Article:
The Biggest Air Battle of World War IIby James Holland
From acclaimed military historian James Holland, the vivid and dramatic story of the Allied air campaign that paved the way for D-Day
During the third week of February 1944, the combined Allied air forces based in Britain and Italy launched their first round-the-clock bomber offensive against Germany. Their goal: to smash the main factories and production centers of the Luftwaffe while also drawing German planes into an aerial battle of attrition to neutralize the Luftwaffe as a fighting force prior to the cross-channel invasion, planned for a few months later. Officially called Operation ARGUMENT, this aerial offensive quickly became known as “Big Week,” and it was one of the turning-point engagements of World War II.
In Big Week, acclaimed World War II historian James Holland chronicles the massive air battle through the experiences of those who lived and died during it. Prior to Big Week, the air forces on both sides were in crisis. Allied raids into Germany were being decimated, but German resources—fuel and pilots—were strained to the breaking point. Ultimately new Allied aircraft—especially the American long-range P-51 Mustang—and superior tactics won out during Big Week. Through interviews, oral histories, diaries, and official records, Holland follows the fortunes of pilots, crew, and civilians on both sides, taking readers from command headquarters to fighter cockpits to anti-aircraft positions and civilian chaos on the ground, vividly recreating the campaign as it was conceived and unfolded. In the end, the six days of intense air battles largely cleared the skies of enemy aircraft when the invasion took place on June 6, 1944—D-Day.
Big Week is both an original contribution to WWII literature and a brilliant piece of narrative history, recapturing a largely forgotten campaign that was one of the most critically important periods of the entire war.
“Holland excels at writing engaging, accessible books, weaving the latest scholarship in with personal accounts gleaned from diaries, archives, and interviews . . . Big Week is a story about people [and] Holland also brings less celebrated figures to the fore . . . [The book’s] major accomplishment is to firmly place Big Week and the events surrounding it within the larger historical narrative of the Allied campaign in Western Europe. It was, Holland argues, the turning point of not just the air battle, but of the entire war.”—Richard R. Muller, World War II Magazine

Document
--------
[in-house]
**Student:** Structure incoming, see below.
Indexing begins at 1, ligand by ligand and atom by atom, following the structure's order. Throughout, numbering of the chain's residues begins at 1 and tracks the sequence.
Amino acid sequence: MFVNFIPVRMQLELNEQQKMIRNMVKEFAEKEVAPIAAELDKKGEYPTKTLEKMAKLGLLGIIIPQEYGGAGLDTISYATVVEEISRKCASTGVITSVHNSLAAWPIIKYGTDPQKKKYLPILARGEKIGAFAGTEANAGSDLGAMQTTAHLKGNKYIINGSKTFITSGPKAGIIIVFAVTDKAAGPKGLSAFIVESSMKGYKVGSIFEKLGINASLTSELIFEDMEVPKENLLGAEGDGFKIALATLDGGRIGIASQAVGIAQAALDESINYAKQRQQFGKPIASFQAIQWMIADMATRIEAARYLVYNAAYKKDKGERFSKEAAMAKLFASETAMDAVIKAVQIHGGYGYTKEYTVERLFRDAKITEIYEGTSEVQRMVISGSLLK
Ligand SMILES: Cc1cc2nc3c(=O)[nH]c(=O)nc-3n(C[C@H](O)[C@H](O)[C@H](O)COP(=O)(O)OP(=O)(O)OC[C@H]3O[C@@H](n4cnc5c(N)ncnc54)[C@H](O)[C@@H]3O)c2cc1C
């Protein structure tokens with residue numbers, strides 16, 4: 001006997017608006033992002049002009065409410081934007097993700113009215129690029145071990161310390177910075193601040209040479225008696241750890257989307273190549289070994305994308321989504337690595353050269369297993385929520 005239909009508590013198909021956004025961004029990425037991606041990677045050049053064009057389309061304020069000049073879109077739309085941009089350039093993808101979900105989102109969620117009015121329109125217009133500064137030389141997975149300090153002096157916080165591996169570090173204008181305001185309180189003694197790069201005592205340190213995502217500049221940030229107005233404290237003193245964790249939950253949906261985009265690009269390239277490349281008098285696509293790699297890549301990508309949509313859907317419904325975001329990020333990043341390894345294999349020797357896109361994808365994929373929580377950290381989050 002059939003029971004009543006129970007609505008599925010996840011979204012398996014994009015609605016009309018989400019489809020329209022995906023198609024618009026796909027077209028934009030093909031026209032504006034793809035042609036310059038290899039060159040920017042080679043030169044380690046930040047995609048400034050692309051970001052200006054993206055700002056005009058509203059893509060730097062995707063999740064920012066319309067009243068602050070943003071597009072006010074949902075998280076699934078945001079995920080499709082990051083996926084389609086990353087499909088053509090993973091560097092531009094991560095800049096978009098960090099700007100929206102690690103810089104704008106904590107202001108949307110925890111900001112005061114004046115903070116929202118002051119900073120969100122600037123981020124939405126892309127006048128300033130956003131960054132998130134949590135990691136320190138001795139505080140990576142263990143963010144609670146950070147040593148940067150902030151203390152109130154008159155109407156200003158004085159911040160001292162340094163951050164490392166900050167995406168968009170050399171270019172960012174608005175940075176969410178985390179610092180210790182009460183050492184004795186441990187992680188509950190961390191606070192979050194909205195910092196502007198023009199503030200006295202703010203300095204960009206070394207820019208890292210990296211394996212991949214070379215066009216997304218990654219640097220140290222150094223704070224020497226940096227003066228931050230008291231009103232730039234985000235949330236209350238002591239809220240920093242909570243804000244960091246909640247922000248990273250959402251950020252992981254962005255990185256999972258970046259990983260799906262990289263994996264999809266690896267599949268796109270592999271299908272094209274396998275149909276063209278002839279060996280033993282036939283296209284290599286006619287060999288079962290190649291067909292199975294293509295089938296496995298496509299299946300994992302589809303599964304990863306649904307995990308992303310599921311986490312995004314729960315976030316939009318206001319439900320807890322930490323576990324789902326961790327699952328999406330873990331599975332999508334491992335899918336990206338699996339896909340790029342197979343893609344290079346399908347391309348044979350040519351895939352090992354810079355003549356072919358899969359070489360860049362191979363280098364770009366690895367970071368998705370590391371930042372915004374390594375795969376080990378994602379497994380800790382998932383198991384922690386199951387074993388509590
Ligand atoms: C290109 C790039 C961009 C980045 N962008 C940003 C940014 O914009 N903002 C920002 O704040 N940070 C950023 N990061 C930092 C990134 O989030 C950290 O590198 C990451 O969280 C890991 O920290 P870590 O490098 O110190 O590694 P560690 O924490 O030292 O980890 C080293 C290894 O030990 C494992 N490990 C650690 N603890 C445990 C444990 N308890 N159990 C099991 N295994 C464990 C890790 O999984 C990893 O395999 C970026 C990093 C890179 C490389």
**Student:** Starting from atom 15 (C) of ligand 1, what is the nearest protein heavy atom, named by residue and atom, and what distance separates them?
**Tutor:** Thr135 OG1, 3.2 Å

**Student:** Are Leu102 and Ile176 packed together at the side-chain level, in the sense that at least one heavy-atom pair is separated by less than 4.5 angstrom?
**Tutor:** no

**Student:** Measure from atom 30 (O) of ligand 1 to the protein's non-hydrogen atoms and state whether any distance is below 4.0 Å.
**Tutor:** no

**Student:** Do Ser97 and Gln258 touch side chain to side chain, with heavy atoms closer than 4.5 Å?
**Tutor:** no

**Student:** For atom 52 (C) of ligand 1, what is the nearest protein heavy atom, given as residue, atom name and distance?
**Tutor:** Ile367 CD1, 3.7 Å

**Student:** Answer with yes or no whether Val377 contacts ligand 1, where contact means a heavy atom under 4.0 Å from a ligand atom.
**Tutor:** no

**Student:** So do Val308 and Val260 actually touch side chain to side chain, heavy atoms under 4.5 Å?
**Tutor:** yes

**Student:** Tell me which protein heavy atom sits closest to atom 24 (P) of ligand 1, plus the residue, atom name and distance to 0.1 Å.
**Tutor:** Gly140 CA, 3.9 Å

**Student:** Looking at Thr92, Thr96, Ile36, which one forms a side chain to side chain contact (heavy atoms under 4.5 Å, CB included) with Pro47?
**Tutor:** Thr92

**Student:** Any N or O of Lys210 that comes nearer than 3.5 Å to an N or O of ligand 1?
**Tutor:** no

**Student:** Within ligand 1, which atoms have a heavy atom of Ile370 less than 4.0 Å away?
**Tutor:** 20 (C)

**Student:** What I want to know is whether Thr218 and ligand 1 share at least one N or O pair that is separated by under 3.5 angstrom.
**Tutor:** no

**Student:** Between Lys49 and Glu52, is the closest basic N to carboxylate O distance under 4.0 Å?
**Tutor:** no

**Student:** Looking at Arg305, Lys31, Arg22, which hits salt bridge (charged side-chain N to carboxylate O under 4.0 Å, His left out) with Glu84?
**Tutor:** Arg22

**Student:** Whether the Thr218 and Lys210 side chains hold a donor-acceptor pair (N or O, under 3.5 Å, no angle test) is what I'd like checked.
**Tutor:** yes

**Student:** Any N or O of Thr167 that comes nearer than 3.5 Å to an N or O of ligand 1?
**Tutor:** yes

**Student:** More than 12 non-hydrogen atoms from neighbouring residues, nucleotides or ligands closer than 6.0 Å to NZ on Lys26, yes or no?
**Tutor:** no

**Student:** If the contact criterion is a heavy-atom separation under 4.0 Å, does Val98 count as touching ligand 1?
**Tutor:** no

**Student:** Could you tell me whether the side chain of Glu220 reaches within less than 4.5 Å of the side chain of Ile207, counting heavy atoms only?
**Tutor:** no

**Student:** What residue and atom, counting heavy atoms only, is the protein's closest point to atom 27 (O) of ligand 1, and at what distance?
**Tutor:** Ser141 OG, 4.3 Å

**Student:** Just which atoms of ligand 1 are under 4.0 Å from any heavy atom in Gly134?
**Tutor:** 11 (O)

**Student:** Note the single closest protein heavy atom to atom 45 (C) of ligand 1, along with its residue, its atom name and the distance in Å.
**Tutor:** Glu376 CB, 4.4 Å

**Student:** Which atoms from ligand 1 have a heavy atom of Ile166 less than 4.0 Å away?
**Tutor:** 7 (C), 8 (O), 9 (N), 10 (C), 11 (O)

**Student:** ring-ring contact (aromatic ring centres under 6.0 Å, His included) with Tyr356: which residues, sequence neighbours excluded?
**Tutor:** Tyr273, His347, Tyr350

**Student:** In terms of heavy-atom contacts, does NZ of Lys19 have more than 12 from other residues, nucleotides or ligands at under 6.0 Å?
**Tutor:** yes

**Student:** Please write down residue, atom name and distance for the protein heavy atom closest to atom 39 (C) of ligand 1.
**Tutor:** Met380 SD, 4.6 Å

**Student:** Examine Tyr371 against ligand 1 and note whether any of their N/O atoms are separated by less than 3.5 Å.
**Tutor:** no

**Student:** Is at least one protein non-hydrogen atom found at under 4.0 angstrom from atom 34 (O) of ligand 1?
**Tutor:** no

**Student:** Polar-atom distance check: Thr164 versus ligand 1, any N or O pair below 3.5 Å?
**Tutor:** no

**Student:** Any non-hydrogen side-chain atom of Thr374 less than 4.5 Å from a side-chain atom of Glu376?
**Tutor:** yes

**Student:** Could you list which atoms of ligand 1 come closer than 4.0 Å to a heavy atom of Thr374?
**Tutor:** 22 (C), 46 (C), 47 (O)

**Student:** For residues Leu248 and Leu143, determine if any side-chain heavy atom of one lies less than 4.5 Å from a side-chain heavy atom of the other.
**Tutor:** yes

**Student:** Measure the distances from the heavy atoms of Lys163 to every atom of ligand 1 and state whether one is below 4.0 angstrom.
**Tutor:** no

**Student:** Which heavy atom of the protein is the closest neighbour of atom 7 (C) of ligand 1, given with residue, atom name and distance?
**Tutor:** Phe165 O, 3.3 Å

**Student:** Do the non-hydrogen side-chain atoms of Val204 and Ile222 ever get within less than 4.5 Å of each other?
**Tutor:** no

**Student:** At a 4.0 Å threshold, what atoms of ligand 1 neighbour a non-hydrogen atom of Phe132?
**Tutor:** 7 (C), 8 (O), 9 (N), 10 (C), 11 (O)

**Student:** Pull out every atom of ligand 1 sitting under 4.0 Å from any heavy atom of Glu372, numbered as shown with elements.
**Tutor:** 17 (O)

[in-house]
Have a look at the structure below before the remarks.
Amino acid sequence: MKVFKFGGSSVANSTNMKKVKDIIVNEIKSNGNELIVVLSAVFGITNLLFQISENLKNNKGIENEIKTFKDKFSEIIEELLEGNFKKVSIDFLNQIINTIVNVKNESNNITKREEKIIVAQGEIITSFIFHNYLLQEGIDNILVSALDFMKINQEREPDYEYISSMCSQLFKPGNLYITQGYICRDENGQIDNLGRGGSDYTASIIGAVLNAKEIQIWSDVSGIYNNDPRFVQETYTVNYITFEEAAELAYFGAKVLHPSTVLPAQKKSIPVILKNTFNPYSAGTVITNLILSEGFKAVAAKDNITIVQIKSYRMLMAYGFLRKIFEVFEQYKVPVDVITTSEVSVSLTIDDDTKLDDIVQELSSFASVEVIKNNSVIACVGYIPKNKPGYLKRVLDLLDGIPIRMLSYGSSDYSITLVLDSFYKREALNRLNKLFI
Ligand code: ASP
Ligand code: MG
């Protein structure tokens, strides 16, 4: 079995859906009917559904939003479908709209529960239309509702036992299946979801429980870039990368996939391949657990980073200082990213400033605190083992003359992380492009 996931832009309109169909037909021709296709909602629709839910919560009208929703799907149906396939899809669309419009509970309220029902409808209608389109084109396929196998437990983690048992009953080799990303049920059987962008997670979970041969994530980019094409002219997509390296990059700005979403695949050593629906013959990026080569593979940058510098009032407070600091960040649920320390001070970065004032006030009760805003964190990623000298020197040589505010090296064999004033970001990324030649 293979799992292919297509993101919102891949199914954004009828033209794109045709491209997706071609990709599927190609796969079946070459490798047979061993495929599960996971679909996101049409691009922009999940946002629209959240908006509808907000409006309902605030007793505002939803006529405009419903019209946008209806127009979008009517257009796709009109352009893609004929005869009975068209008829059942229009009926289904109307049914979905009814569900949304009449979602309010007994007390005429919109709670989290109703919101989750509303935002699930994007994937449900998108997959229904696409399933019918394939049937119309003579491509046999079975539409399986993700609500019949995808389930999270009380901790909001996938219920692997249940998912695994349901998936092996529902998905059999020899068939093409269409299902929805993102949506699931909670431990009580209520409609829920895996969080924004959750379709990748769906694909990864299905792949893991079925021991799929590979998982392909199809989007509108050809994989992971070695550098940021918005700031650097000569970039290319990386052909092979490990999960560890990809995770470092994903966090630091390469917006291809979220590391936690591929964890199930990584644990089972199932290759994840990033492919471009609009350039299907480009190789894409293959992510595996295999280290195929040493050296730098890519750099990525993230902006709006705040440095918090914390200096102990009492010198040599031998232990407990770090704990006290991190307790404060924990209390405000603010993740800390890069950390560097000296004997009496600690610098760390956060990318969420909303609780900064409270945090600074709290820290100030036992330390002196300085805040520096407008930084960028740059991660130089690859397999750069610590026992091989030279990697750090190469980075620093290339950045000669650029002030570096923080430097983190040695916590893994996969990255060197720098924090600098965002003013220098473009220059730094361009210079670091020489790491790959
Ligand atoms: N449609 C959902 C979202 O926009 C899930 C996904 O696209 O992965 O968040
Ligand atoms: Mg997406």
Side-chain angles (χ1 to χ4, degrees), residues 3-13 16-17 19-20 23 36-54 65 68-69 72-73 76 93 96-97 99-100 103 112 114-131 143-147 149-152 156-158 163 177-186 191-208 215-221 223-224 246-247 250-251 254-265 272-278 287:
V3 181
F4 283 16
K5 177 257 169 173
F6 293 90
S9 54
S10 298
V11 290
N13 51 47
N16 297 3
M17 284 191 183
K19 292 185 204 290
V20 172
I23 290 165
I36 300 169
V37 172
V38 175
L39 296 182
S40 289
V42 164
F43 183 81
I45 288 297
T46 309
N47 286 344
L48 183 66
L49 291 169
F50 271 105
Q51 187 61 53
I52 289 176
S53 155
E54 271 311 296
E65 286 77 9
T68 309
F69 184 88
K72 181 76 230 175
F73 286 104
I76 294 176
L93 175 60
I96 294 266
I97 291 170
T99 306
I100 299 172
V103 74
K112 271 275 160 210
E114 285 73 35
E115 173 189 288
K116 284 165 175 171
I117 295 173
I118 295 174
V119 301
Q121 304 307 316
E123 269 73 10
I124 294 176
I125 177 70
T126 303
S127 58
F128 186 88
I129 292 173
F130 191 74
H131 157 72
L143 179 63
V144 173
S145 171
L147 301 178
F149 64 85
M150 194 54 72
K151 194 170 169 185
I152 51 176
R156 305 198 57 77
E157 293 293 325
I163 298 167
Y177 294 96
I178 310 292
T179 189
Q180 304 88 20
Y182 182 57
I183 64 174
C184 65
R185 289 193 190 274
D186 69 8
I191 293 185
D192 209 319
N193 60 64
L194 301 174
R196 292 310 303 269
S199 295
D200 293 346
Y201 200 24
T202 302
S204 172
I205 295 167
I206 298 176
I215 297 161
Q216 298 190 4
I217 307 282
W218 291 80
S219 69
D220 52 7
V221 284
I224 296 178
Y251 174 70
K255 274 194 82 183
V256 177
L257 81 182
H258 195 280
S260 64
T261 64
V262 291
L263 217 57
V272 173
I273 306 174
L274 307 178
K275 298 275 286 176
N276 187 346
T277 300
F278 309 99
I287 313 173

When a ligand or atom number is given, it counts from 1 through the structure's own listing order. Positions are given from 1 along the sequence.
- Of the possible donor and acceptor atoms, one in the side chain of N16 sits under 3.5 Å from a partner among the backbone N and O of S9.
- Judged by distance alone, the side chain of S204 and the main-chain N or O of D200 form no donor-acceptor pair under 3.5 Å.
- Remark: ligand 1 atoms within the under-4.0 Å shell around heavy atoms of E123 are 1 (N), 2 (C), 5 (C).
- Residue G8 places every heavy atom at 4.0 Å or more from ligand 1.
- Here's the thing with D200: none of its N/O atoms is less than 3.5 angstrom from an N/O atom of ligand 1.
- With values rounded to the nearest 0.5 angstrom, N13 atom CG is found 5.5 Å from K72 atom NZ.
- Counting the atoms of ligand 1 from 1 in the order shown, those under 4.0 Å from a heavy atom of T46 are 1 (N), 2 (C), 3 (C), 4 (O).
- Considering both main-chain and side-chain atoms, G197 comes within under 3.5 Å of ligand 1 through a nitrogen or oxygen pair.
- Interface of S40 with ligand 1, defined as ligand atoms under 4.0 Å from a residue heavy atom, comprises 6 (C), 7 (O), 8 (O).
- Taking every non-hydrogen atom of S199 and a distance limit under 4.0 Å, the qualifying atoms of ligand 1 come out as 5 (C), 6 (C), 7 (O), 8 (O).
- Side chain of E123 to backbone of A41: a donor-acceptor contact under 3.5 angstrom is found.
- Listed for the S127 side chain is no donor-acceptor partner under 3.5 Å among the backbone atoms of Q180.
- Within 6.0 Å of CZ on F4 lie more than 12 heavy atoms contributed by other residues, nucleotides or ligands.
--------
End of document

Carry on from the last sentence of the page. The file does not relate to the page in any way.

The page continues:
“Highly detailed . . . The interplay of personal stories with the broader strategic picture makes this book especially illuminating . . . A fascinating must-read for World War II aficionados.”—Kirkus Reviews (starred review)
A Military History Book Club Main Selection
An Amazon Best Book of the Month (History)
“Detailed, well-researched, and comprehensive . . . Holland makes a strong case . . . [He] shifts smoothly between high-level strategy and tactical battlefield events, producing a good refresher to the large strategic picture for those who are deeply read in WWII history and an excellent introduction to the war in Western Europe for the general reader.”—Publishers Weekly
“An illuminating read from a skilled historian . . . Holland delivers a detailed, opinionated account of fighting in North Africa, the Atlantic submarine campaign, and the air war while acknowledging (and often describing) the far larger war in Russia . . . Expert, anecdote-filled, thoroughly entertaining.”—Kirkus Reviews
“Holland puts the case for Allied technological and military skills as a vital factor in turning the war’s tide, and makes us eager for the third and final part of what now ranks as a towering work of historical research and writing.”—BBC History Magazine
“Holland’s two greatest qualities, his engaging writing style and his ability to weave multiple threads into a convincing whole, are on display once more in this accessible and authoritative history . . . Holland, a successful fiction author as well, keeps his reader gripped with an engrossing tale, which both educates and entertains. In Holland’s own words this is ‘a truly epic and astonishing story’ and the same could be said for his book.”—History of War (UK)
“Holland shoots down the myth of German invincibility . . . All the great turning points of 1941–43 are here. A triumph”—Sunday Express (UK)
“Holland brings a fresh eye to the ebb and flow of the conflict . . . [A] majestic saga”—Literary Review (UK)
“This second volume easily reaches the benchmark set by its predecessor . . . The style is crisp, engaging, absorbing, it really does have the feel of a fresh and revisionist perspective on the momentous events that occurred between 1941 and 1943.”—Soldier (UK)
A Military History Book Club Main Selection
“This is narrative history as intimate, intricate tapestry . . . Mr. Holland’s success is built in part on an engaging writing style and in part on a genuinely fresh approach to events that have been so often—and apparently definitively—recounted. This is at heart an operational narrative, but with a difference: Mr. Holland takes the time and space to enhance his recounting of troop and ship movements and clashes of arms with the stuff of wider humanity. He deftly interweaves the experiences of refugees, of civilians, of the warriors’ loved ones and of the political elites, while never distracting us with meaningless sentimentality or extraneous personal detail. This is harder to do than it looks. Mr. Holland’s achievement is exceptional . . . [An] epic narrative.”—Wall Street Journal